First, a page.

Article  CAS  Google Scholar 

  27. Shackelford, J. F. & Alexander, W. Materials Science and Engineering Handbook 3rd edn (CRC Press, 2000).

    Book  Google Scholar 

  28. Andrievski, R. Physical-mechanical properties of nanostructured titanium nitride. Nanostruct. Mater. 9, 607–610 (1997).

    Article  CAS  Google Scholar 

  29. Lim, J-W., Park, H-S., Park, T-H., Lee, J-J. & Joo, J. Mechanical properties of titanium nitride coatings deposited by inductively coupled plasma assisted direct current magnetron sputtering. J. Vac. Sci. Technol. A 18, 524–528 (2000).

    Article  CAS  Google Scholar 

  30. George, S. M. Atomic layer deposition: An overview. Chem. Rev. 110, 111–131 (2010).

    Article  CAS  Google Scholar 

  31. Gu, X. W., Wu, Z., Zhang, Y-W., Srolovitz, D. J. & Greer, J. R. Flaw-driven failure in nanostructures (2013); preprint at

  32. Wiederhorn, S. M. Brittle fracture and toughening mechanisms in ceramics. Annu. Rev. Mater. Sci. 14, 373–403 (1984).

    Article  CAS  Google Scholar 

  33. Kumar, S., Wolfe, D. & Haque, M. Dislocation shielding and flaw tolerance in titanium nitride. Int. J. Plast. 27, 739–747 (2011).

    Article  CAS  Google Scholar 

Download references


The authors gratefully acknowledge the financial support from the Dow-Resnick Innovation Fund at Caltech, DARPA’s Materials with Controlled Microstructure and Architecture program, and the Army Research Office through the Institute for Collaborative Biotechnologies (ICB) at Caltech (ARO Award number UCSB.ICB4b). Part of this work was carried out at the Jet Propulsion Laboratory under a contract with NASA. The authors acknowledge critical support and infrastructure provided by the Kavli Nanoscience Institute at Caltech.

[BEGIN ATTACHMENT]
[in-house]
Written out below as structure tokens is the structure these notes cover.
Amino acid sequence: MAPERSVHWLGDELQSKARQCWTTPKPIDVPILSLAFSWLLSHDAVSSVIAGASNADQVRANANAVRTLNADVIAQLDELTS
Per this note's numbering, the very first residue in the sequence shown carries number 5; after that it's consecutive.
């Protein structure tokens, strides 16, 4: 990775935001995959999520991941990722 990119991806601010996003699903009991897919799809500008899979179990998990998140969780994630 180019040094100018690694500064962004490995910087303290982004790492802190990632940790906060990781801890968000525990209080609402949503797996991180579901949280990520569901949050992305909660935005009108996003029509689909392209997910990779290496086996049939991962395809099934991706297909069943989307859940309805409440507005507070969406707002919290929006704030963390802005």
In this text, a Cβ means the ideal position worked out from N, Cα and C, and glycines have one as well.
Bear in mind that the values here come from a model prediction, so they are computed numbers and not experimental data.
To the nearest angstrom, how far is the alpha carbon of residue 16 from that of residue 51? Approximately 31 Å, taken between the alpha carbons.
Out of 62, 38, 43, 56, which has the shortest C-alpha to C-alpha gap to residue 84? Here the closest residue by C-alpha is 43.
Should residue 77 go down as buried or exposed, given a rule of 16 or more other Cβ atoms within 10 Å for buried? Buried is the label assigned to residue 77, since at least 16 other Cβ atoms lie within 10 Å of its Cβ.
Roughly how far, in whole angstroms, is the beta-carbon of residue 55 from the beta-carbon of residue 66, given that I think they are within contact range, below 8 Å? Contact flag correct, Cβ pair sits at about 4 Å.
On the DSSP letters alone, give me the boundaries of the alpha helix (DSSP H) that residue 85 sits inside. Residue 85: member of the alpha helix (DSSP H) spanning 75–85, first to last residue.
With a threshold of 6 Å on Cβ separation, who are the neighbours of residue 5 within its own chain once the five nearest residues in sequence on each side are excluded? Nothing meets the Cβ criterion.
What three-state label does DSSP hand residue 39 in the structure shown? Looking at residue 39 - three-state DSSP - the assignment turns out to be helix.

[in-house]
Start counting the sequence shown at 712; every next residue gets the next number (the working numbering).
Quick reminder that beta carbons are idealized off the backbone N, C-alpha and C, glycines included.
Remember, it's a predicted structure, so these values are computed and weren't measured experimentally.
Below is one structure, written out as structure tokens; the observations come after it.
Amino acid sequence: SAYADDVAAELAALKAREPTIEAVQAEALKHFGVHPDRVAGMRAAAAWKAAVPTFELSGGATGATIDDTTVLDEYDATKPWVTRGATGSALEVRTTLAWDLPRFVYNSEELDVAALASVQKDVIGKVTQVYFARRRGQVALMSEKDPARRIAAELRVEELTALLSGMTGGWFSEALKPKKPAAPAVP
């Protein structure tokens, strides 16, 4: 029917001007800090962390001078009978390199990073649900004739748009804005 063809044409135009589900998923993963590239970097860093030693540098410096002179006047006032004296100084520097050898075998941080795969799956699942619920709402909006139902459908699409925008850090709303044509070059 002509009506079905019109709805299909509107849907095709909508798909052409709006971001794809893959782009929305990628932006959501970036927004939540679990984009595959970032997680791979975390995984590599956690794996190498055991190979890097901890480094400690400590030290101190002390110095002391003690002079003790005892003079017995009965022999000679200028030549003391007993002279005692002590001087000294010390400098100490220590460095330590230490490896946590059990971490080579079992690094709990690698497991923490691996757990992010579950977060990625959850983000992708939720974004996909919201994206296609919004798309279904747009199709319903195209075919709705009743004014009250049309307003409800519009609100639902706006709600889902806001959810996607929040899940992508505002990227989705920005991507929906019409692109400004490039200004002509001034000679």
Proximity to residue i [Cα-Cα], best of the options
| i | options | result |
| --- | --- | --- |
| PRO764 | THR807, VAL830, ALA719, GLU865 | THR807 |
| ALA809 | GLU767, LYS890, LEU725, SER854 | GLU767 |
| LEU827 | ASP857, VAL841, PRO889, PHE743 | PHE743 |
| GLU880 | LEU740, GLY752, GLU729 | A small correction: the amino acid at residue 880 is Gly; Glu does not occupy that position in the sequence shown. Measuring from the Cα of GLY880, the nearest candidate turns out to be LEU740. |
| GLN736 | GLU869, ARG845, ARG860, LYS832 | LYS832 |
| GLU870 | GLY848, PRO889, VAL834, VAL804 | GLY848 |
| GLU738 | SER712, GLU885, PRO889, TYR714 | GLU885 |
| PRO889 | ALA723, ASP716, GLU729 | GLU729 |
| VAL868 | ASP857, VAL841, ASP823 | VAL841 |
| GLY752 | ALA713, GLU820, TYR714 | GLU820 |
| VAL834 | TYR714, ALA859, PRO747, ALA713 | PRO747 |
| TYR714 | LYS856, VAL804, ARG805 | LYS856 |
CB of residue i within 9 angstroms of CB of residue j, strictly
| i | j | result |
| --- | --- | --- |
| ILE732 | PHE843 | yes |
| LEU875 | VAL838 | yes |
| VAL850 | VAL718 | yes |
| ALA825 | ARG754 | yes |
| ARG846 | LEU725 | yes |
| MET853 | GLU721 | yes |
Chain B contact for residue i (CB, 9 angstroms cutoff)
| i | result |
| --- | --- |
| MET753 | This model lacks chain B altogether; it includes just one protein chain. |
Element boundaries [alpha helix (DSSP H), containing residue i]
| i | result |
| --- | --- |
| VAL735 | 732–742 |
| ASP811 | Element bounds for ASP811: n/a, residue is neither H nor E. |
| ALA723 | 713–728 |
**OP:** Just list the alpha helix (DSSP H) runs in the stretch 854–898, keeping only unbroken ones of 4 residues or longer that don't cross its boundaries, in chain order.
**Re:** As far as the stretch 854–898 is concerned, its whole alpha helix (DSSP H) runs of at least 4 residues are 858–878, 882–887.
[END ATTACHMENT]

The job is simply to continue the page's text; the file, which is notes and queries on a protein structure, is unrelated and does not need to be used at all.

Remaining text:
Author information

Authors and Affiliations



D.J. and L.R.M. fabricated the samples and conducted all experiments. F.G. deposited TiN by ALD in the Microdevices Laboratory at the Jet Propulsion Laboratory. L.R.M. performed finite-element analysis. J.R.G. conceived of the research and provided guidance. All authors analysed the data, discussed the results and wrote the manuscript.

Corresponding author

Correspondence to Julia R. Greer.

Ethics declarations

Competing interests

The authors declare no competing financial interests.

Supplementary information

Supplementary Information

Supplementary Information (PDF 258 kb)

Supplementary Information

Supplementary Movie S1 (AVI 12651 kb)

Supplementary Information

Supplementary Movie S2 (AVI 44394 kb)

Supplementary Information

Supplementary Movie S3 (AVI 54288 kb)

Supplementary Information

Supplementary Movie S4 (AVI 55589 kb)

Rights and permissions

Reprints and Permissions

About this article

Cite this article

Jang, D., Meza, L., Greer, F. et al. Fabrication and deformation of three-dimensional hollow ceramic nanostructures. Nature Mater 12, 893–898 (2013).

Download citation

  • Received:

  • Accepted:

  • Published:

  • Issue Date:

  • DOI:

This article is cited by


Quick links

Nature Briefing

Sign up for the Nature Briefing newsletter — what matters in science, free to your inbox daily.

Get the most important science stories of the day, free in your inbox. Sign up for Nature Briefing